The Ache and the Wing was the winner of the 2020 Sundress Chapbook Contest.
In this sublime collection, poet Sunni Brown Wilkinson shapes guilt and grief into a narrative of love, loss, and possibility. The Ache and the Wing explores the flickering, flighty nature of life by allowing a glimpse into the speaker’s world after the death of a newborn son. Bodies become houses, three-and-a-half-inch gaps appear in an old Irishman’s brain, and birdsong reverberates throughout these healing poems. Wilkinson gives life to last words. Her honest, yet delicate poems combine grief with possibility in the hope of rebuilding one’s life in the wake of absence.
“In a ‘world wired for worry,’ enter these elegant poems. A catalogue of the real, The Ache & The Wing is filled with the miraculous everyday—the arms of the saguaro raised like ‘monks blessing the cracked earth;’ filled as well with ‘what eats your heart / into grave simplicity.’ The kaleidoscopic forms of loss include the burning of Yosemite and the weeping body of a stillborn child. Maybe, ‘the world is a starving coyote,’ maybe this poet has ‘so much sad truth to say,’ but the haunting images also hold hope. Perhaps the poems can teach ‘the difficult, / liquid art of living,’ teach their own delicate balancing of the ‘broken and beautiful.’ Here, Wilkinson marvels at birds who ‘make music out of nothing;’ she commands us: ‘open your emerald throat again.'”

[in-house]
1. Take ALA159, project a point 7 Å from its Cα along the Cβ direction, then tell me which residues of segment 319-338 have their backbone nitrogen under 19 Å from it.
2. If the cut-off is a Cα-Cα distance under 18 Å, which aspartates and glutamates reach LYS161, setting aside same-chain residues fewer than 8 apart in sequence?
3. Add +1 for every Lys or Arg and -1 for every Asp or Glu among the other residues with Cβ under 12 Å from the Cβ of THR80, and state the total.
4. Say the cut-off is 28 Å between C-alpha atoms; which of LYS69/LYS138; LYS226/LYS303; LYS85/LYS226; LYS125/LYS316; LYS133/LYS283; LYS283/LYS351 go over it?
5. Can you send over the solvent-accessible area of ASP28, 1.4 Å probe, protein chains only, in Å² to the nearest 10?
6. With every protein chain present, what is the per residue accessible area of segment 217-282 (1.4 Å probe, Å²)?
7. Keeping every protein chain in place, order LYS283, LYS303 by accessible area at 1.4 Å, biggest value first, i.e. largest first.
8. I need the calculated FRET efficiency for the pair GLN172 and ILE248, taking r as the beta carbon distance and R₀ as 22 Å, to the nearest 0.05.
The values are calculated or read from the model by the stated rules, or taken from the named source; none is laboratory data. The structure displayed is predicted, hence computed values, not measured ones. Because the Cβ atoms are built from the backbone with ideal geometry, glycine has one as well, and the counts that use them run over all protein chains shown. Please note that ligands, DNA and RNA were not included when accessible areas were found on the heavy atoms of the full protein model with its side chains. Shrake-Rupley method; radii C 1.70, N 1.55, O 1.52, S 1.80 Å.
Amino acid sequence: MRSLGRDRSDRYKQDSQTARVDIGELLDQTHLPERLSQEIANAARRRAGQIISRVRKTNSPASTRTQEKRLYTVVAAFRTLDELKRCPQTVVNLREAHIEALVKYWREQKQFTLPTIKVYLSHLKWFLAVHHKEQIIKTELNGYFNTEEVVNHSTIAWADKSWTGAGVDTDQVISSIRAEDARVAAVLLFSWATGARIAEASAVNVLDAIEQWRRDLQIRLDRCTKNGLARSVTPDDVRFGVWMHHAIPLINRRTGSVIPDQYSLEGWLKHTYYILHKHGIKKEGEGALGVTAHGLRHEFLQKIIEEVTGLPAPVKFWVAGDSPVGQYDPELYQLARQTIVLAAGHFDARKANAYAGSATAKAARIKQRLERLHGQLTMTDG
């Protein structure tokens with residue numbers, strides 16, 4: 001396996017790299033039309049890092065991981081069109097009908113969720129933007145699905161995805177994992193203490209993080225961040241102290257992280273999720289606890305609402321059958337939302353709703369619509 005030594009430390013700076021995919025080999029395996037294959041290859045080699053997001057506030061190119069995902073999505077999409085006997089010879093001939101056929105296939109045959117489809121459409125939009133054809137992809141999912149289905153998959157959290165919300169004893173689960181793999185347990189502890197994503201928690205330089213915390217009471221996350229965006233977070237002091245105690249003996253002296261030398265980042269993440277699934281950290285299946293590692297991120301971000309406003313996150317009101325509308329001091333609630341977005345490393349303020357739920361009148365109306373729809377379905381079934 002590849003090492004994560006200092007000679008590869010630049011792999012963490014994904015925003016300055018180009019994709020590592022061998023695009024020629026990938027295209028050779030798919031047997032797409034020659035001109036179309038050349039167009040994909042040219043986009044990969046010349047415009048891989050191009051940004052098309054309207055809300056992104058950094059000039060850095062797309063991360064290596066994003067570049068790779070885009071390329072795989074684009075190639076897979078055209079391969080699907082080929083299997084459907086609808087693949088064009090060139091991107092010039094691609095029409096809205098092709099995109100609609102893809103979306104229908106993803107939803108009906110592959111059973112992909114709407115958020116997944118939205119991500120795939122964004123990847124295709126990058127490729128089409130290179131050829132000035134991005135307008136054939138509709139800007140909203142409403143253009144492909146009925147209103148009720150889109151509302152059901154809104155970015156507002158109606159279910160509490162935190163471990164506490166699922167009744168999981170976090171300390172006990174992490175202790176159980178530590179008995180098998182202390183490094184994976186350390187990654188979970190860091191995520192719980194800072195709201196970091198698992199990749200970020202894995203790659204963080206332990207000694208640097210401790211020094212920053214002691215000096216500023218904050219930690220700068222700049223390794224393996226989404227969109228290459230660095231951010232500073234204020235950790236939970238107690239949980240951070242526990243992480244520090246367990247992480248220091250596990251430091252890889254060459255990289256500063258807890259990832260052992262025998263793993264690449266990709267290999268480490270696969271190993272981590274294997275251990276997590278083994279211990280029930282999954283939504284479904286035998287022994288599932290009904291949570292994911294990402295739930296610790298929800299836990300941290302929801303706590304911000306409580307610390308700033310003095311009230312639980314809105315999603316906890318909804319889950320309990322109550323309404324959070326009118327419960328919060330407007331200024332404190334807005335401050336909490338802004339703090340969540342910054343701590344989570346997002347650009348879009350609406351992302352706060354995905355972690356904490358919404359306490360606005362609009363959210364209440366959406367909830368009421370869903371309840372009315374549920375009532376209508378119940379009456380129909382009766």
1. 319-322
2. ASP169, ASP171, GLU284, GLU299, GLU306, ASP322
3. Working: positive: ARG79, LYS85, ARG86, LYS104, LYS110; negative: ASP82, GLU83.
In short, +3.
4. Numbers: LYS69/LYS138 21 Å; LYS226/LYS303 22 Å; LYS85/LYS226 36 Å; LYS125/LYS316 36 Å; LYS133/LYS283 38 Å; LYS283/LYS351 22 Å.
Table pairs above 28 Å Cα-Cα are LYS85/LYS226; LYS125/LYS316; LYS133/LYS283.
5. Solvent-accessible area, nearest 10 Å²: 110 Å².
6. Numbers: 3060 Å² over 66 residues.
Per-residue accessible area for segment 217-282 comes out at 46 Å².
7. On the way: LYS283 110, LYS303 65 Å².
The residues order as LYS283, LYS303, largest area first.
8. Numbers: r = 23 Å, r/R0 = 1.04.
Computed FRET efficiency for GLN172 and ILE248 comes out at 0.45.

-Kimberly Blaeser, author of Copper Yearning, Wisconsin Poet Laureate 2015-16
“Prepare yourself for grief-work. For deep empathy-work. Then enter the hospital room of a mother who’s just given birth, hold the small cold body for three hours with her, see his blue eyes, dab his weeping ’tissue-paper skin.’ The brutal honesty, rawness, and lyric beauty of these poems will guide you down the mineshaft of sorrow, flesh you in a mother’s after-birth body dropping ‘milk / tears / one / by one / down / your / loose / and ragged / torso.’ Wilkinson’s astonishingly vulnerable and masterfully crafted poems, ‘Something between a prayer / and a baring of teeth,’ will leave you trembling, full of ache, yearning for wings, attending to that ‘darkest hallelujah.'”
-Dayna Patterson, author of If Mother Braids a Waterfall
“Lyrical and elegiac, this collection boldly explores a range of personal tragedies and uncertainties—the unexpected death of a son, the memory of a mother leaving, the realization that life had different plans than were originally conceived. As the speaker so succinctly states, ‘I don’t want another love story. / I want immortality,’ but if immortality is off the table, then let us sit with a collection that page after page does everything it can to provide an authentic space to heal.”
-Esteban Rodriguez, author of The Valley